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Olympic Long Jump Gold Medalist Arnie Robinson Passes Away at 72

By Todd Kortemeier | Dec. 02, 2020, 12:05 p.m. (ET)

Arnie Robinson Jr. won gold in men's long jump at the Olympic Games Montreal 1976.

 

Arnie Robinson Jr., who won a gold medal in long jump at the Olympic Games Montreal 1976, has died at the age of 72.

Robinson was a hero in his hometown of San Diego, not only for his Olympic success but for the impact he had on the community over his entire life.

“Arnie Robinson was, ‘Mister San Diego,’” said Tonie Campbell, a close friend of Robinson and medalist in 110-meter hurdles at the 1988 Seoul Games. “When people say a person was loved by many, perhaps no one quite fit this description more than Arnie. Arnie truly gave his all to his friends, athletes, co-workers and teammates. He was responsible for so many career starts including my own. He was my mentor and my friend.”

Robinson started his path to the Olympic Games in the driveway of his childhood home in the Paradise Hills neighborhood of southeastern San Diego, using old mattresses to cushion his early long jump landings. Robinson became one of the most decorated athletes in his city’s history. He was a standout athlete first at Morse High School, then at San Diego Mesa College and finally at San Diego State University, where he was 1970 NCAA national champion. He then won the 1971 and 1972 USA Outdoor Track and Field Championships, the latter qualifying him for the 1972 Olympic Games.

During a period of U.S. men dominating the Olympic long jump, Robinson won a bronze medal in Munich, .21 meters behind U.S. teammate Randy Williams atop the podium. By 1976 Robinson was the world’s No. 1 long jumper, and showed it in Montreal with a jump of 8.35 meters, besting Williams by .24 meters.

A lifelong San Diegan, Robinson retired from jumping in 1979 and returned to Mesa College where he started as a coach in 1982, and later was a physical education teacher. He was inducted into the National Track and Field Hall of Fame in 2000. That same year, Robinson was severely injured in a car accident after being hit by a drunk driver, and in 2005 was diagnosed with a brain tumor. At first given just six months to live, Robinson had fought the aggressive tumor ever since.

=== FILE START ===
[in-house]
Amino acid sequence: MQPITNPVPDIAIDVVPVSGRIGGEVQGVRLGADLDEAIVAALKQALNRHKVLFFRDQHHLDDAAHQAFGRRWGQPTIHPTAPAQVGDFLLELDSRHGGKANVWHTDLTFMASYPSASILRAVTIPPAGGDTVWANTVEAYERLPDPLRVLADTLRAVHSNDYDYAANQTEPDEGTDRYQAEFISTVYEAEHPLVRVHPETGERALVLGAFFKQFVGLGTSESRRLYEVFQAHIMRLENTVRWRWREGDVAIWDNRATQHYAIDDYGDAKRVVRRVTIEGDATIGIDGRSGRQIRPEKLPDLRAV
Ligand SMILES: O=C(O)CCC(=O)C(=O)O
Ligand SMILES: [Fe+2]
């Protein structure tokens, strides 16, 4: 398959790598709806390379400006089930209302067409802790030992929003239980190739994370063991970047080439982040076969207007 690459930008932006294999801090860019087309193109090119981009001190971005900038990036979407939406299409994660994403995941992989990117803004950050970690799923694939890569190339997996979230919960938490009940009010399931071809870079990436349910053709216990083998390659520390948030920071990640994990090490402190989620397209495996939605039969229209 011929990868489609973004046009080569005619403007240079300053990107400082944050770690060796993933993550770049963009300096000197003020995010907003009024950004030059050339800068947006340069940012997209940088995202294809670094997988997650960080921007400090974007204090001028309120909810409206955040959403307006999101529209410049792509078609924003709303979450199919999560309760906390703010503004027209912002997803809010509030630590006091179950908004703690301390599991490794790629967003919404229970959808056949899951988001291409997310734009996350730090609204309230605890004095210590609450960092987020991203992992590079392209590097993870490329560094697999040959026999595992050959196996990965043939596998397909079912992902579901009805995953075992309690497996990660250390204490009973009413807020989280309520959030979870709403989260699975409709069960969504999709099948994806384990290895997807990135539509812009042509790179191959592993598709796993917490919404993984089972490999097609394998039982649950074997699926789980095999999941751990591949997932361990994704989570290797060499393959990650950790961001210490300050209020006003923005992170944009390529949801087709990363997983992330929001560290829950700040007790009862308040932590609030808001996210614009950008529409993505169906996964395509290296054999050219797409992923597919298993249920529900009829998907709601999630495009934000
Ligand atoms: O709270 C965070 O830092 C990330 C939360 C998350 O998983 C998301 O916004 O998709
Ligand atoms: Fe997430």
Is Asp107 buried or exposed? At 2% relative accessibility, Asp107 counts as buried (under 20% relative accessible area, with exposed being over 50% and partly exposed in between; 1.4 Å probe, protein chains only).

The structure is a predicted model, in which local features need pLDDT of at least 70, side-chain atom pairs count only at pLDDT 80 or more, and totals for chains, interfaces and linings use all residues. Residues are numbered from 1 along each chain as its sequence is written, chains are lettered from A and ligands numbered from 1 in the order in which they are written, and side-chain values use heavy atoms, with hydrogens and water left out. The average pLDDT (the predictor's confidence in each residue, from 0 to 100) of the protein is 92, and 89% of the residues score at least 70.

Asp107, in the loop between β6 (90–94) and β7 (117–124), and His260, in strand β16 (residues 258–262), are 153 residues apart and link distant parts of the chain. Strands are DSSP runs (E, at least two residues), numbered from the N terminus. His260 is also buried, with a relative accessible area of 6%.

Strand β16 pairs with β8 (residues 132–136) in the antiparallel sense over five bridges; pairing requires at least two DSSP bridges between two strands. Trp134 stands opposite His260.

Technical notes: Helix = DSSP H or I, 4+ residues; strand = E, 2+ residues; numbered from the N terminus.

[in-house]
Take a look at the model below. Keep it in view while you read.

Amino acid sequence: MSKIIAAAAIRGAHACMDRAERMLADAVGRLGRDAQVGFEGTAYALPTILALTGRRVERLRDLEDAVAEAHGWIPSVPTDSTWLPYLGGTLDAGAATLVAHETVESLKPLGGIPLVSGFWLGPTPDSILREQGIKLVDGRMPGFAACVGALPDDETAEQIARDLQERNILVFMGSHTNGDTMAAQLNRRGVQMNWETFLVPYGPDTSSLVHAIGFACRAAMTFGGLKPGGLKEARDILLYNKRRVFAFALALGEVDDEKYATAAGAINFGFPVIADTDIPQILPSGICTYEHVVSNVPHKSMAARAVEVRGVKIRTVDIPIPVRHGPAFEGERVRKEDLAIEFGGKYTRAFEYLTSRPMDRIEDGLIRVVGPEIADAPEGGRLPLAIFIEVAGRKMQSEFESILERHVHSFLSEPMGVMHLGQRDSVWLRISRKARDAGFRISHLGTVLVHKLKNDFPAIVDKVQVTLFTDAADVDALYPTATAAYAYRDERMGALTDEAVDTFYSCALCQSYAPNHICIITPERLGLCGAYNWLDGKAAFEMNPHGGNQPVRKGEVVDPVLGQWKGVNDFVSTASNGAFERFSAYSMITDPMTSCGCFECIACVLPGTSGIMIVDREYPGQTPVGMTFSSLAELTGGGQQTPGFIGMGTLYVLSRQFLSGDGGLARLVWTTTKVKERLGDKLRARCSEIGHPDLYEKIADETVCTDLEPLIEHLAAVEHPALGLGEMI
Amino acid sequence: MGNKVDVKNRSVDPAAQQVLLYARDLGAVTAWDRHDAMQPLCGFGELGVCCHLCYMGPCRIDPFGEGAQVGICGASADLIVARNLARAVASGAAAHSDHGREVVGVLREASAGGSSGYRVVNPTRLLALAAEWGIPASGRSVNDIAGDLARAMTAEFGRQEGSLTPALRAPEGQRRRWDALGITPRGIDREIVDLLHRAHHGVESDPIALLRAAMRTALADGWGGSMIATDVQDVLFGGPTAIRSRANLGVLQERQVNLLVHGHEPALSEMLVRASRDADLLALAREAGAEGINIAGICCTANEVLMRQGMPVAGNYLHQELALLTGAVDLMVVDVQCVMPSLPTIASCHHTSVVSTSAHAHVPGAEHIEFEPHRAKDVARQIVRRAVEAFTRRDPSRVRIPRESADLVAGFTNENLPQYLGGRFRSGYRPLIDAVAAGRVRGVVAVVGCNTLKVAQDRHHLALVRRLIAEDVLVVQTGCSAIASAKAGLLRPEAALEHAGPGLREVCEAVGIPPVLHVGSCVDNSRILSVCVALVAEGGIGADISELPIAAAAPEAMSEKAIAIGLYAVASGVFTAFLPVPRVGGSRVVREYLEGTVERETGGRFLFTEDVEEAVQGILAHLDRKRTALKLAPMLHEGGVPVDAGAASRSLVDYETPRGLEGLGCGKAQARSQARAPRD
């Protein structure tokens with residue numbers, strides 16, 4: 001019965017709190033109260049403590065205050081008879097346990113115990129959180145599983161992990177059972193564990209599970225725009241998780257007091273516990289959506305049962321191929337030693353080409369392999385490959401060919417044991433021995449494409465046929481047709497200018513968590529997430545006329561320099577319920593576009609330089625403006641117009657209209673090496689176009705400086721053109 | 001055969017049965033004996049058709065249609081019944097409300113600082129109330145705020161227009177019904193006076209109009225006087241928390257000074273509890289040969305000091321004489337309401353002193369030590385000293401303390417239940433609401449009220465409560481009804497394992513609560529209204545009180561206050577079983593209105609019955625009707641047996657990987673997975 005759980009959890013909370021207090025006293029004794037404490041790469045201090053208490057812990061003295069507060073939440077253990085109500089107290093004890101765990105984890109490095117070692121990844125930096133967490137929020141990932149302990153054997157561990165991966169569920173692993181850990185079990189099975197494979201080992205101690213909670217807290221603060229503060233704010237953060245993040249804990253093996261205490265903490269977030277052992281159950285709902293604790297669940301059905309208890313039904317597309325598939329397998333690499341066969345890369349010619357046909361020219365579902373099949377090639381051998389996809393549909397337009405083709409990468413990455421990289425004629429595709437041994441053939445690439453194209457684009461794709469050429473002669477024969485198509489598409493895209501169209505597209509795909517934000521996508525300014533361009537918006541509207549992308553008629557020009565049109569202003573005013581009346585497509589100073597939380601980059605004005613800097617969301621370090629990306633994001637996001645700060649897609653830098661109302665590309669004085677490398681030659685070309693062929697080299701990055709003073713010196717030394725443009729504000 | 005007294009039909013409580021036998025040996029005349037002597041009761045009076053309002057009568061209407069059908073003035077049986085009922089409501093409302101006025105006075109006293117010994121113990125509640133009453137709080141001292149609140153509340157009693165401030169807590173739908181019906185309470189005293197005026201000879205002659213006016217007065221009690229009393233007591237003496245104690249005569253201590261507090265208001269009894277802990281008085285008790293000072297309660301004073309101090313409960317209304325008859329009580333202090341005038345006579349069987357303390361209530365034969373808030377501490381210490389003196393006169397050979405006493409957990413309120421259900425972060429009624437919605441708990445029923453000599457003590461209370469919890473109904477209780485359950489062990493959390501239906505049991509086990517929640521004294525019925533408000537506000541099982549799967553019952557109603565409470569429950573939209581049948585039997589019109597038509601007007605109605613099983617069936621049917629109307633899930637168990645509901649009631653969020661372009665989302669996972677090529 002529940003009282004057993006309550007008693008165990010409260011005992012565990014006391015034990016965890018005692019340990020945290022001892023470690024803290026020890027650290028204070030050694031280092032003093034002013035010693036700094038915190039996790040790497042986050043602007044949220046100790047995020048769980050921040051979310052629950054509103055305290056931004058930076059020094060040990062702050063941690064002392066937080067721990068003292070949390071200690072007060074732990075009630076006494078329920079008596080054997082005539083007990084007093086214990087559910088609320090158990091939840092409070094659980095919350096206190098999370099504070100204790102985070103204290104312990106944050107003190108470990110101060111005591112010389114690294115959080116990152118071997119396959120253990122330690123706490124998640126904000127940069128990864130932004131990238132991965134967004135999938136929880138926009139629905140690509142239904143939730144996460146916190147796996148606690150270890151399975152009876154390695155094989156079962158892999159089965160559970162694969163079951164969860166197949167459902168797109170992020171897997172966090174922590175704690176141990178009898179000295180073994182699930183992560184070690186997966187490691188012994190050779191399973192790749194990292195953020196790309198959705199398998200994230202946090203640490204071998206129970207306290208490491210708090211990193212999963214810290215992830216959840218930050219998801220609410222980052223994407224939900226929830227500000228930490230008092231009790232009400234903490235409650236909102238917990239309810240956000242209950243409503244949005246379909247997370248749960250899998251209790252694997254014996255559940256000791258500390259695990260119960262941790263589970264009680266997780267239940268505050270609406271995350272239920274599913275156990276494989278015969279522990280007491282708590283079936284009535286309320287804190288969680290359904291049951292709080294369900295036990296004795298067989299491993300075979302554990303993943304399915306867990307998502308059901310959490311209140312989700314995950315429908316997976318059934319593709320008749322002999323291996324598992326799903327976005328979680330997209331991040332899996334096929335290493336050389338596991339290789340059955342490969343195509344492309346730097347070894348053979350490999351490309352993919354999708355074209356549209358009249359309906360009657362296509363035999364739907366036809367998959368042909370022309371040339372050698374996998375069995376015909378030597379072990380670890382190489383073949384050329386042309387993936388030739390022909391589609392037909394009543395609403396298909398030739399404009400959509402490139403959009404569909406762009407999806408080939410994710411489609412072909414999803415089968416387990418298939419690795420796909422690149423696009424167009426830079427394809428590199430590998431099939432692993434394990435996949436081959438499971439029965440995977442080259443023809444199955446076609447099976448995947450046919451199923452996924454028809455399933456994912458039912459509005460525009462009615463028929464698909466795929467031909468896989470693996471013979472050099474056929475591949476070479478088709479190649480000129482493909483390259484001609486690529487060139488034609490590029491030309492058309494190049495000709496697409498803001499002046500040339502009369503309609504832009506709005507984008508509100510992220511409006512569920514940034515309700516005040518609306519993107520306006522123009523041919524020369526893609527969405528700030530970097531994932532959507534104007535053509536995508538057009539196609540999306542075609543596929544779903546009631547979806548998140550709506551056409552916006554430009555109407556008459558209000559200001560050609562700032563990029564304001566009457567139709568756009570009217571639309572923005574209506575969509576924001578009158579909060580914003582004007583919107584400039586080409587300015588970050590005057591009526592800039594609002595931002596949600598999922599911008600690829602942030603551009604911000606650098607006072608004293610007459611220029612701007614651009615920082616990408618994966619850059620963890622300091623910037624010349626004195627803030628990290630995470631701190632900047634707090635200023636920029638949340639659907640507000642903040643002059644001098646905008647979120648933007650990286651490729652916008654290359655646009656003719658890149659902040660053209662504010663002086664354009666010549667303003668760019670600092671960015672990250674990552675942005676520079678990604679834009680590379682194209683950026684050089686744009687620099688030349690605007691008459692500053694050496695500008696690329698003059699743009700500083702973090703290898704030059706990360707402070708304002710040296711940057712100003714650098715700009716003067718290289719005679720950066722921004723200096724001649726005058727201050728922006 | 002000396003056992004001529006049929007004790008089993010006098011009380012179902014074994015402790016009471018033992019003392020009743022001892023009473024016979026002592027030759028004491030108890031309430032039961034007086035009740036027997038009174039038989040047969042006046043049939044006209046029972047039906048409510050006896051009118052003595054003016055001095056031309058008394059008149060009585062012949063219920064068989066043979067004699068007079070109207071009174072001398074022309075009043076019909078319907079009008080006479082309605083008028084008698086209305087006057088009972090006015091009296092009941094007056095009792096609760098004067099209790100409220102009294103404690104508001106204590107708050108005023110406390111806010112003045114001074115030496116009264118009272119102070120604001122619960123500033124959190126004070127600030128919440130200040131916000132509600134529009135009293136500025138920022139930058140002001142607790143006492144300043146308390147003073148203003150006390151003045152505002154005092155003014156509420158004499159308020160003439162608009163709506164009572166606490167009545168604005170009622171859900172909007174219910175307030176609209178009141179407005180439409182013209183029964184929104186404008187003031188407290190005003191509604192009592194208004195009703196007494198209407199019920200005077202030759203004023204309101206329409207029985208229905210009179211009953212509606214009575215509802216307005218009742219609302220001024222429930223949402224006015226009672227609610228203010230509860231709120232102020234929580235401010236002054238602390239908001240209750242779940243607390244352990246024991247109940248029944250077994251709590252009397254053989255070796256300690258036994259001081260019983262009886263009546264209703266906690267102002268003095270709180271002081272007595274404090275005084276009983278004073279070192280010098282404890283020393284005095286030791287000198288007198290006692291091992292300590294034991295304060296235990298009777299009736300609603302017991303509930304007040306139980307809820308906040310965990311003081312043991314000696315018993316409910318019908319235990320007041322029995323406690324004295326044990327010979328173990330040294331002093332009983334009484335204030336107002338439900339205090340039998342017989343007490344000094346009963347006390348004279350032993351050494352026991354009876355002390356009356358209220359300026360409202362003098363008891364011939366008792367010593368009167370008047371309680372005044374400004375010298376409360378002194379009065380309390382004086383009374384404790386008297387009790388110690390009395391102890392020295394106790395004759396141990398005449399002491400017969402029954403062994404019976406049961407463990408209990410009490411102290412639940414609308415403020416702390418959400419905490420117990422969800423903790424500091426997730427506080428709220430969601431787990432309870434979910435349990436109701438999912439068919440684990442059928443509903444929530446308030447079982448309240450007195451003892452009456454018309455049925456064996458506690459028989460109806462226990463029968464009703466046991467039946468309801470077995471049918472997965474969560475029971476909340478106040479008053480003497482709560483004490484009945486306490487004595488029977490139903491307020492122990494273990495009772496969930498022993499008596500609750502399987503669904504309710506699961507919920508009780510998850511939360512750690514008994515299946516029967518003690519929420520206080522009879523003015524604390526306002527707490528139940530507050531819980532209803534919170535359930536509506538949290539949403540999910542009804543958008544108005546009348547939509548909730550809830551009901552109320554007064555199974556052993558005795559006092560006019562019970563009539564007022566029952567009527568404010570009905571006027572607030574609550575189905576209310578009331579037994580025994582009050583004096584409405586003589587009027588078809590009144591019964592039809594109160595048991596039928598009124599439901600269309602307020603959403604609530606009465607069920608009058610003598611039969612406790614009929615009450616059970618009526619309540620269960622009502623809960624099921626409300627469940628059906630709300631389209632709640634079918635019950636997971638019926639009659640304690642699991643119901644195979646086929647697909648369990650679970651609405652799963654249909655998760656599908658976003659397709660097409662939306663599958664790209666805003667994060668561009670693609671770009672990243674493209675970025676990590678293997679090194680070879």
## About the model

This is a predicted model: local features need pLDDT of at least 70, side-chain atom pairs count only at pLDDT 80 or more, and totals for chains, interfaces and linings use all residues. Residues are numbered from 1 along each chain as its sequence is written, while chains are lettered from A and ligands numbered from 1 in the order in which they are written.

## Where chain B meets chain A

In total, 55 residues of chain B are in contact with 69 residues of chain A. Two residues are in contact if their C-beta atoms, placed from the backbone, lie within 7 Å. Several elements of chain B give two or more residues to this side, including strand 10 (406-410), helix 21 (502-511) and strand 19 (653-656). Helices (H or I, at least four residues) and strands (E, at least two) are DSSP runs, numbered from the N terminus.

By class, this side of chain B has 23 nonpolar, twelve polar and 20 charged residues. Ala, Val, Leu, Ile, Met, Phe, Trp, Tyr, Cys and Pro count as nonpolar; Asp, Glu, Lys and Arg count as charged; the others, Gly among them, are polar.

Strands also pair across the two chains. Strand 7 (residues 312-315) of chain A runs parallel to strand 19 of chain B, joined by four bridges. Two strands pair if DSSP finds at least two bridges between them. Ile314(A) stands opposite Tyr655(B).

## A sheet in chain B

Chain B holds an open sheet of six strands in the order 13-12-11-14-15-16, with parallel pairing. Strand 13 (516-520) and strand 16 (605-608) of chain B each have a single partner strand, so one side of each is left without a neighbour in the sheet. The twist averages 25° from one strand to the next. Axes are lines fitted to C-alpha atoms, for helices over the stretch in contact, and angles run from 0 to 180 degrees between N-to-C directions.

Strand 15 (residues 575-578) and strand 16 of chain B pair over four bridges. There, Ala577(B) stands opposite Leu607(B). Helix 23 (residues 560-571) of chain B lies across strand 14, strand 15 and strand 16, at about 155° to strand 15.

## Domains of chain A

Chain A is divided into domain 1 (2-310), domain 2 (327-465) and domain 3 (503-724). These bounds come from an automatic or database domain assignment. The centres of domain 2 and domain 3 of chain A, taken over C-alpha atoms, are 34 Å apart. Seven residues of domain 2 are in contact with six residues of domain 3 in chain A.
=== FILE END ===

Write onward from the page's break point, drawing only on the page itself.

Mesa College honored Robinson in 2013 by naming an invitational meet after him. The Arnie Robinson Invitational takes place each April. It’s just one lasting impact among many Robinson had on his beloved hometown.

“It wasn’t the fact that we share that special bond of being Olympians, with Arnie, you could be Olympian, aspiring Olympian or simply the best runner in your 5th grade P.E. class and he treated you like a world champion deserving of all praise, encouragement and honor,” Campbell said. “Home grown, high school, community college and university, Arnie loved his hometown and his hometown loved him back. I will miss my friend and mentor and be forever thankful to him believing in me.”

Todd Kortemeier

Todd Kortemeier is a sportswriter, editor and children’s book author from Minneapolis. He is a contributor to TeamUSA.org on behalf of Red Line Editorial, Inc.